OOIDA to FMCSA: Update ‘agricultural commodity’ definition

September 27, 2019

Mark Schremmer

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The Owner-Operator Independent Drivers Association supports having the FMCSA harmonize the definition of “agricultural commodity” with the U.S. Department of Agriculture.

On Friday, Sept. 27, OOIDA filed formal comments to the agency in response to an advance notice of proposed rulemaking seeking public comment about the definitions of “agricultural commodity” or “livestock” in the hours-of-service regulations.

“The definition should include any and all species and/or products that fall under the current electronic logging device exemption as approved by Congress,” OOIDA wrote in comments signed by President and CEO Todd Spencer.

Currently, during harvesting and planting seasons as determined by each state, drivers transporting agricultural commodities, including livestock, are exempt from hours-of-service requirements from the source of the commodities to a location within a 150 air-mile radius. FMCSA said the notice was prompted by indications that the current definition of these terms may not be understood or enforced consistently when determining whether the exemption applies.

“FMCSA has worked closely with the agriculture industry and the U.S. Department of Agriculture in crafting this advance notice,” FMCSA Administrator Ray Martinez said in a news release. “We have heard concerns from the industry, and we are acting. We encourage all commercial motor vehicle stakeholders, especially those involved in transporting agricultural commodities and livestock, to provide valuable feedback on how the current definitions impact safety, compliance, and enforcement.”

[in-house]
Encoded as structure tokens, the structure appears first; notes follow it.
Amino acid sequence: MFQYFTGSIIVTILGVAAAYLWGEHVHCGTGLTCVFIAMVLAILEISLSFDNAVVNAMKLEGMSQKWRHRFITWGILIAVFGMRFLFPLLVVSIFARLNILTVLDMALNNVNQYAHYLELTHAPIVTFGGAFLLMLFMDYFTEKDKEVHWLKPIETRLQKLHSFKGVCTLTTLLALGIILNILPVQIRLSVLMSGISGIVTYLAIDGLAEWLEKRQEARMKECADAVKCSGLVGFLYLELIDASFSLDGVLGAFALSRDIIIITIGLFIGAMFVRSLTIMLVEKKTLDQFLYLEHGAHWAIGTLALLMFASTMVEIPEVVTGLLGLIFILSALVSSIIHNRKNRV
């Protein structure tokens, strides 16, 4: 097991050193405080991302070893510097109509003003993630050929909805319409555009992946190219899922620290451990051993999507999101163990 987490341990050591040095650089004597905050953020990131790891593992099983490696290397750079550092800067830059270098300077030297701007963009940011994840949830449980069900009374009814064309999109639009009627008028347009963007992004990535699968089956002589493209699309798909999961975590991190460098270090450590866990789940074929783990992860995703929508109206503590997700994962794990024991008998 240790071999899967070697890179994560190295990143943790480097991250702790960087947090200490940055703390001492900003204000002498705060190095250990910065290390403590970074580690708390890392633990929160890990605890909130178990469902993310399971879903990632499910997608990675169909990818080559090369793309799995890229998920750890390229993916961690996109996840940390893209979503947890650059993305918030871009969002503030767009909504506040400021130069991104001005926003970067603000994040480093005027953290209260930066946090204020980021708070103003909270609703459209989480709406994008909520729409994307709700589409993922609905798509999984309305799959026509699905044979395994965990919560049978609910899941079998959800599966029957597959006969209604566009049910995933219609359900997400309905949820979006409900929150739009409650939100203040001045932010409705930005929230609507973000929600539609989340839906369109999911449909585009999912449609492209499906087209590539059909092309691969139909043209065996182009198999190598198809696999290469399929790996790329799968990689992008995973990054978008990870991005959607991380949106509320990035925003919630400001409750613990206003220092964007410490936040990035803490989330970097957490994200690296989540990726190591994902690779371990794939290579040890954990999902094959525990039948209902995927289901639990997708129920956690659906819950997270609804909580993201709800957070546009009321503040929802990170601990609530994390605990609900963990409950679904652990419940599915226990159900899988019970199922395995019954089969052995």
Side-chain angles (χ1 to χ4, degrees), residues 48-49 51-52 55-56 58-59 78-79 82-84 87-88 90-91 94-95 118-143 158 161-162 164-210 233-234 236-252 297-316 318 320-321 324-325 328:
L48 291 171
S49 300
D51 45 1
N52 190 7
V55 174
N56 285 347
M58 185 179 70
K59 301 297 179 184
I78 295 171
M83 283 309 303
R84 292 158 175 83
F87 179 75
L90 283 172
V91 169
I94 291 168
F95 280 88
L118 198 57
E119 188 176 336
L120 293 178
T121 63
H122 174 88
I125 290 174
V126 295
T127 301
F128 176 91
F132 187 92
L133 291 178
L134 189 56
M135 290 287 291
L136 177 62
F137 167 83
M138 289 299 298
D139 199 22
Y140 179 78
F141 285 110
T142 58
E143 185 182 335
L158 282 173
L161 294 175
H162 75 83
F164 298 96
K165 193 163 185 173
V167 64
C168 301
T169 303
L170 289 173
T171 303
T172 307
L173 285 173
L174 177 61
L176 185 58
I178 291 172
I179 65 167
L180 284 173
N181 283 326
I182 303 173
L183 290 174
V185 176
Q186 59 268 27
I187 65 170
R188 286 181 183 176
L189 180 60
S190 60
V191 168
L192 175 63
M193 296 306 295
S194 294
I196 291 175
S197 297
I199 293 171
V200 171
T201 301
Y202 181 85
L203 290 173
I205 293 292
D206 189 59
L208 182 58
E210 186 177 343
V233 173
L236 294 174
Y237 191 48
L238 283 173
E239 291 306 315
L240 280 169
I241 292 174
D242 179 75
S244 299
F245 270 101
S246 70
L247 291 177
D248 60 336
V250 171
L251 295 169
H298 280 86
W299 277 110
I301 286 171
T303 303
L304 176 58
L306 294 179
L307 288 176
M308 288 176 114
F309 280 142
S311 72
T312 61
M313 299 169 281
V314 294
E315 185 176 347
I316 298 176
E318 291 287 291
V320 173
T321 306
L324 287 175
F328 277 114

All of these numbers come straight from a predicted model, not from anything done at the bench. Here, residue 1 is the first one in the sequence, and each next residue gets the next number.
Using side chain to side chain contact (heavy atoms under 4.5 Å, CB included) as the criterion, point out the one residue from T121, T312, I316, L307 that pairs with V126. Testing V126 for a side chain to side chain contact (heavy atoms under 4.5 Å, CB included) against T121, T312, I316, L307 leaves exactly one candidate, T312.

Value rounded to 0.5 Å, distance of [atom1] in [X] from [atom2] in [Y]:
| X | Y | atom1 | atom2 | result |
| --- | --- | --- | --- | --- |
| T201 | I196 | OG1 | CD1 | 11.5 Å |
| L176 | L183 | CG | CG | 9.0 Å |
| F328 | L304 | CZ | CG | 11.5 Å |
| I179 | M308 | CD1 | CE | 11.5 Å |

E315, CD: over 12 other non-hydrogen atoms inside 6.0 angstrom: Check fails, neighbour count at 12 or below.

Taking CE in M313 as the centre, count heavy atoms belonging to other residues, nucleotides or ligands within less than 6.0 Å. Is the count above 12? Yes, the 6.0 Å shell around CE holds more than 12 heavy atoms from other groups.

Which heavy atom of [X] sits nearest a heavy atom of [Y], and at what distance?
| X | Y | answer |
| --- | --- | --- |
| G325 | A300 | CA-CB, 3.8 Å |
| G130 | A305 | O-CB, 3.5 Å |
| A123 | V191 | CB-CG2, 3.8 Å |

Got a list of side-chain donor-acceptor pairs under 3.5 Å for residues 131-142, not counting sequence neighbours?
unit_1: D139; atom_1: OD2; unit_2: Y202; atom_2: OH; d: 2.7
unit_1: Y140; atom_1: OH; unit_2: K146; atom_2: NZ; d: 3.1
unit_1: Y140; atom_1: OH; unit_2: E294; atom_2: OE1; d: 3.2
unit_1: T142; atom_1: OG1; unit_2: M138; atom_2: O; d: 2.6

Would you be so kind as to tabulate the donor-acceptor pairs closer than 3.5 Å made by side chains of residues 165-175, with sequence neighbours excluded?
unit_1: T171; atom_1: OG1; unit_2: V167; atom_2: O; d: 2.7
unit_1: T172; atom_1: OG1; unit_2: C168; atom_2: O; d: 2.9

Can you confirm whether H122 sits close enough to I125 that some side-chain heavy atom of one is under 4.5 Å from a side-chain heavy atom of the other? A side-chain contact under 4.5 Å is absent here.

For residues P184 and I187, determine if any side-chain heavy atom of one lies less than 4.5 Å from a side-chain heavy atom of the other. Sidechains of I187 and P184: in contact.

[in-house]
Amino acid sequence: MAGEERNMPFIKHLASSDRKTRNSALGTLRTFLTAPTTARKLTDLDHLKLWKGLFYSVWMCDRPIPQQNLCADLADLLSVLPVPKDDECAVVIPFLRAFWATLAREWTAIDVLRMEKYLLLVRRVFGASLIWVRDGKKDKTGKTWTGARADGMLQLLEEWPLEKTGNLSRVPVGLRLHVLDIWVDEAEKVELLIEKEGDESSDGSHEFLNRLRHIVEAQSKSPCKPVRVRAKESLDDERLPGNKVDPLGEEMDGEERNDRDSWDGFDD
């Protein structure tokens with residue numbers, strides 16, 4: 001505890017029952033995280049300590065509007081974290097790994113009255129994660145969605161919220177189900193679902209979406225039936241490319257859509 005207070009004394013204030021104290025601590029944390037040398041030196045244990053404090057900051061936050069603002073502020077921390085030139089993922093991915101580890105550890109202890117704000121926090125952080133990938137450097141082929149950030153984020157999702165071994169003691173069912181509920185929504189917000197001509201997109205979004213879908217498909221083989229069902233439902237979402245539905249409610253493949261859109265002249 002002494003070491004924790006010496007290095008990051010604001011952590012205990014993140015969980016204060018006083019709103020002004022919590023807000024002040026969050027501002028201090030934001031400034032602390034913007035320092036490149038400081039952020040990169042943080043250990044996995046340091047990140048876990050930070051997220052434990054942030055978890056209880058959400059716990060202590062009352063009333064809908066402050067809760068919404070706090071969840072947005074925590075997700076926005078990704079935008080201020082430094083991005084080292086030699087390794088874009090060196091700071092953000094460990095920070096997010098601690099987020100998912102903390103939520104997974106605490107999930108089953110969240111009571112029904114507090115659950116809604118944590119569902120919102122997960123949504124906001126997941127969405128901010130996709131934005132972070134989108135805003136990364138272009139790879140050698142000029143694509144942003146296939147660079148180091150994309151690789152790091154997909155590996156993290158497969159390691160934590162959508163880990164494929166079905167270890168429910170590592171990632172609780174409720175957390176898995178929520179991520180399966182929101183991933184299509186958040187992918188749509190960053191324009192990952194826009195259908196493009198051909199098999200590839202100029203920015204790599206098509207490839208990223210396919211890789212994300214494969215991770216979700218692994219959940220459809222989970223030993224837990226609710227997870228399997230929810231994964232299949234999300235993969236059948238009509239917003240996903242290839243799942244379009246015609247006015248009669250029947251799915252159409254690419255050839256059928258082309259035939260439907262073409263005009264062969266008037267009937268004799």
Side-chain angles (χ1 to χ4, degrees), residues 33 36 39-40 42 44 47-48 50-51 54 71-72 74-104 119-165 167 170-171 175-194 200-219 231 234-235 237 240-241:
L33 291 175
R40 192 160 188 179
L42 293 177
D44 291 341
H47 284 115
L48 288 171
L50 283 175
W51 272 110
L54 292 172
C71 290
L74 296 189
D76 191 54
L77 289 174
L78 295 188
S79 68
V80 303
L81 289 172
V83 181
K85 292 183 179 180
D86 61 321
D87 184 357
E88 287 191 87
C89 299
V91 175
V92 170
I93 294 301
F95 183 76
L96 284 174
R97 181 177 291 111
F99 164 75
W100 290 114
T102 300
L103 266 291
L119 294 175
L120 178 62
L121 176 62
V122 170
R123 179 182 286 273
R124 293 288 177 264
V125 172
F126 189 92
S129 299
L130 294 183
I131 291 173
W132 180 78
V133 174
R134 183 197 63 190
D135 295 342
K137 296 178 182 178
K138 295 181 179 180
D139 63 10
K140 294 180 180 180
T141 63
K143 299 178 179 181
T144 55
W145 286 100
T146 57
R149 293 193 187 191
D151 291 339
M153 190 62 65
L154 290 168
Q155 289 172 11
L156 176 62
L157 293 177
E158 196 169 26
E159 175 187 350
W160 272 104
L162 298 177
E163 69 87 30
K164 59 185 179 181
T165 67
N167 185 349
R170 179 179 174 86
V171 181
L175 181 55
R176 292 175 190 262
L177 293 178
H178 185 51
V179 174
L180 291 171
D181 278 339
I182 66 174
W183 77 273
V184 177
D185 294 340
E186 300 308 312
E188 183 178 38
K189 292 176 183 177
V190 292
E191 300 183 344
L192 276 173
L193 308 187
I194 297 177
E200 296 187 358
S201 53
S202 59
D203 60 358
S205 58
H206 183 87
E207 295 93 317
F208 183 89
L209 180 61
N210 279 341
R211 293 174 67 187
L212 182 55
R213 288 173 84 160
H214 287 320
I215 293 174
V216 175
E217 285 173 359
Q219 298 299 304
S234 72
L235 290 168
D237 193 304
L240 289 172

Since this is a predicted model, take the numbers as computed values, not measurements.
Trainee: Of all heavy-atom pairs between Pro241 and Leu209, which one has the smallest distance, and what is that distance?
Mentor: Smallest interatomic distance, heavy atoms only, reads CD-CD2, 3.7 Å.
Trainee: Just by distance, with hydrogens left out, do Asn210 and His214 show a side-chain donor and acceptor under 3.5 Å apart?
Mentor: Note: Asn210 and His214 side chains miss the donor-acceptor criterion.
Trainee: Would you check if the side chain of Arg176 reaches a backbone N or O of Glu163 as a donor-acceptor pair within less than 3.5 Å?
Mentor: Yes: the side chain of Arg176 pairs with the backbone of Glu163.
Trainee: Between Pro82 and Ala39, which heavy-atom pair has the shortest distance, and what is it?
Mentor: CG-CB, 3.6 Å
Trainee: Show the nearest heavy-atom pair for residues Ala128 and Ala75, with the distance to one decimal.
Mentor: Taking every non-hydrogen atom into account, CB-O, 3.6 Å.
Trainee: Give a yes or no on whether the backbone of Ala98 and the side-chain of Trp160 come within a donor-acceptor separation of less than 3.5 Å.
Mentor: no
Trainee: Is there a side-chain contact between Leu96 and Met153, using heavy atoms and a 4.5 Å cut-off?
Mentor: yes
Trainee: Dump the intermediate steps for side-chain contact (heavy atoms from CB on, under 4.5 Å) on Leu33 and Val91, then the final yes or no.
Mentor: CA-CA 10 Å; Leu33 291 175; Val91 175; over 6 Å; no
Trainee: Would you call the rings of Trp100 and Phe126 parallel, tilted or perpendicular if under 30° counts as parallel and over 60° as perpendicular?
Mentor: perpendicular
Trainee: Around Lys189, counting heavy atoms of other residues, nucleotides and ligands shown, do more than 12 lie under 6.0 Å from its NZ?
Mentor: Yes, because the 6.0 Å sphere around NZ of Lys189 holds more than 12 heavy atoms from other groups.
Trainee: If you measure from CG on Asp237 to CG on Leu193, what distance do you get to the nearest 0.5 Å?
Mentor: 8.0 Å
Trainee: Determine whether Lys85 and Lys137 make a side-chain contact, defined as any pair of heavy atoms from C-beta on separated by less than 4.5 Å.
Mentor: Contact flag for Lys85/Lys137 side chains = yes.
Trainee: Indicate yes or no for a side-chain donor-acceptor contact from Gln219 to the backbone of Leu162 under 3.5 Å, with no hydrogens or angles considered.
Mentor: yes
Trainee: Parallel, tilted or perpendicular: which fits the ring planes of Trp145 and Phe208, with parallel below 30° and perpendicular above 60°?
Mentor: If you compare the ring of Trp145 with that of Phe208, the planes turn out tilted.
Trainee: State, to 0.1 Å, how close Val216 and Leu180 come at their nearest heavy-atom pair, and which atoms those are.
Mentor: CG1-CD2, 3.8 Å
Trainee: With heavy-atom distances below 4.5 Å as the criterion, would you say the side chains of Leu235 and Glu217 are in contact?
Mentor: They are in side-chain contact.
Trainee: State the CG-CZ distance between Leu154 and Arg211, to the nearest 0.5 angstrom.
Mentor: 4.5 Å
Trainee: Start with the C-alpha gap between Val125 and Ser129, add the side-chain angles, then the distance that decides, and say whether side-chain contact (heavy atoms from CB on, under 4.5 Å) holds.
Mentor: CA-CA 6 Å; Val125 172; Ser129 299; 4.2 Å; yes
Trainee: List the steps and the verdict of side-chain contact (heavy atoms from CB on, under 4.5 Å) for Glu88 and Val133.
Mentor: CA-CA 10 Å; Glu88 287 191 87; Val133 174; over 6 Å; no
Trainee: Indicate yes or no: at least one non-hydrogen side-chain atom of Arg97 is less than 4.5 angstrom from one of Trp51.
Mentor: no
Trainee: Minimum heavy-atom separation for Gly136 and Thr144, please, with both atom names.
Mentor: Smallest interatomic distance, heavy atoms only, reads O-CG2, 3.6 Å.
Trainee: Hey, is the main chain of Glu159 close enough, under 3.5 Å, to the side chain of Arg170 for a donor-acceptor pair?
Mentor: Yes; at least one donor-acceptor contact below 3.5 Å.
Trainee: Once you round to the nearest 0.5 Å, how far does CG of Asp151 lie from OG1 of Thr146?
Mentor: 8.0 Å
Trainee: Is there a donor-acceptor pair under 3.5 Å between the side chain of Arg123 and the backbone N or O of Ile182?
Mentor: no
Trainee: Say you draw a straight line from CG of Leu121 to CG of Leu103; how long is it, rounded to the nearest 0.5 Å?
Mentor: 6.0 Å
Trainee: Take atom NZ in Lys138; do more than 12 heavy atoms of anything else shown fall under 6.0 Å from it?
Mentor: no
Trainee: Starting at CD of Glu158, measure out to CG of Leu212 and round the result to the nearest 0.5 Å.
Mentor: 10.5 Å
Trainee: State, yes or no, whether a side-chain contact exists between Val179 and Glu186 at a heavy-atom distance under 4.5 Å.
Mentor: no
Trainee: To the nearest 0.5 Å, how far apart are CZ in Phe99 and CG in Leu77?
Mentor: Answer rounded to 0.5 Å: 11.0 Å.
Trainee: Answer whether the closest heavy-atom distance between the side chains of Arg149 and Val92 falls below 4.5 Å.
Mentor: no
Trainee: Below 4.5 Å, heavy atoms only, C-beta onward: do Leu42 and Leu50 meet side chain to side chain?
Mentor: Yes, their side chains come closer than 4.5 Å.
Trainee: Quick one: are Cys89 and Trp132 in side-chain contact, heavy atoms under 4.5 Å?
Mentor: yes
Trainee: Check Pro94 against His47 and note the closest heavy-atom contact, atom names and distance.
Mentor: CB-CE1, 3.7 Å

The current definition of “agricultural commodity” refers to “any agricultural commodity, non-processed food, feed, fiber or livestock.”

FMCSA defined “livestock” as “cattle, elk, reindeer, bison, horses, deer, sheep, goats, swine, poultry, fish used for food, and other animals designated by the secretary of agriculture.” In 2018, Congress amended the definition by removing the term “fish used for food” and adding “llamas, alpacas, live fish, crawfish, and other animals that are part of a foundation herd or offspring.” The amended version also removed the secretary of agriculture’s discretion.

The agency said it believes the current term for “agricultural commodity” is ambiguous and that the livestock definition is incomplete.

“The agency can provide clarity to commercial motor vehicle drivers who transport such commodities, the motor carriers who employ them, growers or distributors of those commodities and enforcement personnel by updating and harmonizing this definition,” OOIDA wrote.

Read the Association’s full comments here.

Mark Schremmer

Mark Schremmer, associate editor, joined Land Line in 2015. An award-winning journalist and former assistant news editor at The Topeka Capital-Journal, he brings fresh ideas, solid reporting skills, and nearly two decades of journalism experience to our staff.